There is nothing in the record which even suggests that the former employee has ever-during or subsequent to her employment-aided or facilitated in any manner any potential escape by any prisoner. Moreover, the petitioner corresponded with the former employee for nine months prior to imposition of the mail ban, all of which was subject to inspection, yet there is not even an assertion that any of the letters contained information that might be considered a breach of security. Most importantly, the petitioner is a paraplegic confined to a wheelchair. The petitioner's 1973 escape from a Texas county jail took place before he became a paraplegic and thus bears little on his present escape potential. The government does not challenge the petitioner's claim that he is unable to walk except when wearing leg braces accompanied by a walker or rails by which he can pull himself along. Instead, it asserts that there are ways to escape other than "climbing over a wall." We cannot believe that even an imaginative escape plan is genuinely at risk here. If a person in the petitioner's condition could somehow succeed at getting outside the prison walls, it is difficult to see how he might expect to escape detection as a fugitive.


Furthermore, the government can fully protect its legitimate security concerns by reviewing the petitioner's incoming mail and, if necessary, censoring any actual breach of security. The petitioner does not dispute such examinations; he merely seeks the right to correspond. The state argues that such examinations would be too burdensome. We note, however, that if there are genuine fears that the former employee might impart security information in aid of the petitioner's escape, prison staff presumably would have to examine all of petitioner's incoming mail to ensure that such information was not being passed through aliases or third parties. Thus, the burden exists regardless of whether the petitioner is restricted from direct correspondence in the first instance. We note too that the government has not challenged the petitioner's claim that all of his mail is presently subjected to such close scrutiny.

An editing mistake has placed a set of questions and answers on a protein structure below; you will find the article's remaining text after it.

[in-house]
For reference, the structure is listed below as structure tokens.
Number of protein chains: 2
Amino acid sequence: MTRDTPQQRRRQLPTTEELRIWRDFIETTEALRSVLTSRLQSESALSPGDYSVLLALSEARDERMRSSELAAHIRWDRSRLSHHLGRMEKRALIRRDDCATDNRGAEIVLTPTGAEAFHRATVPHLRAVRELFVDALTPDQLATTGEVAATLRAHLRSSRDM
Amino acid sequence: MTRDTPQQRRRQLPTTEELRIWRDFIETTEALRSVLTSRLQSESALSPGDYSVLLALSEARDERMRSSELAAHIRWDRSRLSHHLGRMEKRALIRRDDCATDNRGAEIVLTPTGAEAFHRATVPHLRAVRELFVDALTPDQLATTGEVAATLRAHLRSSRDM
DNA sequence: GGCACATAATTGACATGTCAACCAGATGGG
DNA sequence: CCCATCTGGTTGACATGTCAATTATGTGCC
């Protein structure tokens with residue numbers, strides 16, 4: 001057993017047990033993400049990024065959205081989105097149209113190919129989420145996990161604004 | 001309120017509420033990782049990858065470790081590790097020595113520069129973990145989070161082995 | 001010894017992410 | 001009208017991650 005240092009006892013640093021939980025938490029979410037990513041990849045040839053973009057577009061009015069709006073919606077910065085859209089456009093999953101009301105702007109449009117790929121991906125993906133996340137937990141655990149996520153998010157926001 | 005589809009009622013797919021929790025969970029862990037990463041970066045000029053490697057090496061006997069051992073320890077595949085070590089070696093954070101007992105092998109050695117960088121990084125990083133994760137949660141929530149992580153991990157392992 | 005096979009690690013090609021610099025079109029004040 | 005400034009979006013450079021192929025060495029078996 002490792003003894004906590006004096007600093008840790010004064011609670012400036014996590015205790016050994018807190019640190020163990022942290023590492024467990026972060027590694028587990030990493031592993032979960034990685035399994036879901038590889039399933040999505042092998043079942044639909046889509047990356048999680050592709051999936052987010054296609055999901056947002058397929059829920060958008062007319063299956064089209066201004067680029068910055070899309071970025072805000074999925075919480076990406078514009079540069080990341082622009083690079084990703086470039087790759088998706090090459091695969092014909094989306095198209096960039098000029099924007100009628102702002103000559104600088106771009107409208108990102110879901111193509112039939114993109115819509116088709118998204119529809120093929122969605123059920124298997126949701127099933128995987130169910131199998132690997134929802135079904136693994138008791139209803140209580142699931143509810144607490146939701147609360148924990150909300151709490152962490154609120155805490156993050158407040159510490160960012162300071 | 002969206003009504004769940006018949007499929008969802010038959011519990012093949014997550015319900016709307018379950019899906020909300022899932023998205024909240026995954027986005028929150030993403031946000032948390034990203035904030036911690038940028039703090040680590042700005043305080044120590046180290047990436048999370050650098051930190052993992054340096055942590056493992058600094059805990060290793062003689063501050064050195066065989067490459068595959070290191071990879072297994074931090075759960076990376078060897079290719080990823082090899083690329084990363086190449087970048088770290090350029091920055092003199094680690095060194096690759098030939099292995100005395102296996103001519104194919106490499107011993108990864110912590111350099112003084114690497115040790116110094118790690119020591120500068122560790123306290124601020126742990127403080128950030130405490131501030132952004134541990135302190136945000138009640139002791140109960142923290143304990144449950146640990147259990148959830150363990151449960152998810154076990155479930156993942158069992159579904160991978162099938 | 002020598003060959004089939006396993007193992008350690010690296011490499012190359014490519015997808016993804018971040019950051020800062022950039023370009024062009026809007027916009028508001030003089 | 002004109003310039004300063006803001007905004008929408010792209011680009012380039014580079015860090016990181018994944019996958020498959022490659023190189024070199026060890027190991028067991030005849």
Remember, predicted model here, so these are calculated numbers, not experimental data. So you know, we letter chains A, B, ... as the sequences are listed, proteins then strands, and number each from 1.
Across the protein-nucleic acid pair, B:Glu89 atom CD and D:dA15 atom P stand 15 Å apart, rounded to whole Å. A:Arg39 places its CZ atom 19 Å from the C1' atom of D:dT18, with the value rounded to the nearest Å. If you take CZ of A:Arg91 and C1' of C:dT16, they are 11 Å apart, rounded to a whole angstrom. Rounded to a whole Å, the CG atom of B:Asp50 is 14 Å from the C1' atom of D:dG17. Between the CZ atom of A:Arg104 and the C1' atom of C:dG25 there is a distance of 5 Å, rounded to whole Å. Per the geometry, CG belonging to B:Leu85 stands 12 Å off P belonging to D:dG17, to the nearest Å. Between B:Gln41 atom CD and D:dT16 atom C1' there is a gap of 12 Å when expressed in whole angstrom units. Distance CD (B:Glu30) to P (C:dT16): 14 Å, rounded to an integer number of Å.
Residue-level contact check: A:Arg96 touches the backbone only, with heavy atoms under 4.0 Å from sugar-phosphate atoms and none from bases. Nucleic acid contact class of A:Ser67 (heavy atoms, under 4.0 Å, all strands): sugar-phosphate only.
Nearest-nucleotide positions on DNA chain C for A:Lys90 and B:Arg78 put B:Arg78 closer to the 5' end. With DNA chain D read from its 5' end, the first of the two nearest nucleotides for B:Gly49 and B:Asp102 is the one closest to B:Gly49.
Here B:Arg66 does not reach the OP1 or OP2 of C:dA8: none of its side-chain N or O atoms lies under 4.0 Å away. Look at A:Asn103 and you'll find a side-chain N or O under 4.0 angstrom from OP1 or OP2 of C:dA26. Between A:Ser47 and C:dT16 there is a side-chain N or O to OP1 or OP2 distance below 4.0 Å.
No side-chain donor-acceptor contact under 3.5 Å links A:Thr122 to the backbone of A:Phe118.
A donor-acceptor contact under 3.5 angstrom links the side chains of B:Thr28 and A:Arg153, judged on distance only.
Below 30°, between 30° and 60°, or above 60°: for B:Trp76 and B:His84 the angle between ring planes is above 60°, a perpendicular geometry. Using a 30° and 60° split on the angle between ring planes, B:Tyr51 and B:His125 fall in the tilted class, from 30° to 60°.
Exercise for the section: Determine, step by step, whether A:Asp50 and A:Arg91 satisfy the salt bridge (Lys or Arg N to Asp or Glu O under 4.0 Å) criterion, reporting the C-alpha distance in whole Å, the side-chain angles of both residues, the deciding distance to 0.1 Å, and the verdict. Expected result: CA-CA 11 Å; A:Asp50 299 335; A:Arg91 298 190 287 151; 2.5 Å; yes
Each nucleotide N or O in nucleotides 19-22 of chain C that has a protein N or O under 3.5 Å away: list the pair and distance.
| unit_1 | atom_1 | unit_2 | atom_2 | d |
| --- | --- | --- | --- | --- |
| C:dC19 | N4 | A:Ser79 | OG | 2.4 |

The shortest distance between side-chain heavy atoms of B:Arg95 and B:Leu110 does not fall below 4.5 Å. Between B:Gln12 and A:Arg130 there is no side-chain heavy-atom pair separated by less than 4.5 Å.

We hold that, on the special facts of this case, the respondent has not presented sufficient justification for infringing petitioner's First Amendment right to correspond with persons outside the prison. The case is remanded with instructions that the respondent be ordered to permit mail correspondence between the petitioner and the former employee, until and unless the government shows that such correspondence presents an actual risk to security and order within the prison.

view counter

The Honorable Roy L. Stephenson assumed senior status on April 1, 1982


The state also asserts that the former employee "may very well have unique knowledge concerning other employees" in the prison system, the potential communication of which allegedly could be "detrimental" to security within the Medical Center and "within the entire federal prison system." Resp.Br. at 20. There is nothing in the record or briefs which gives any factual basis on which this claim might rest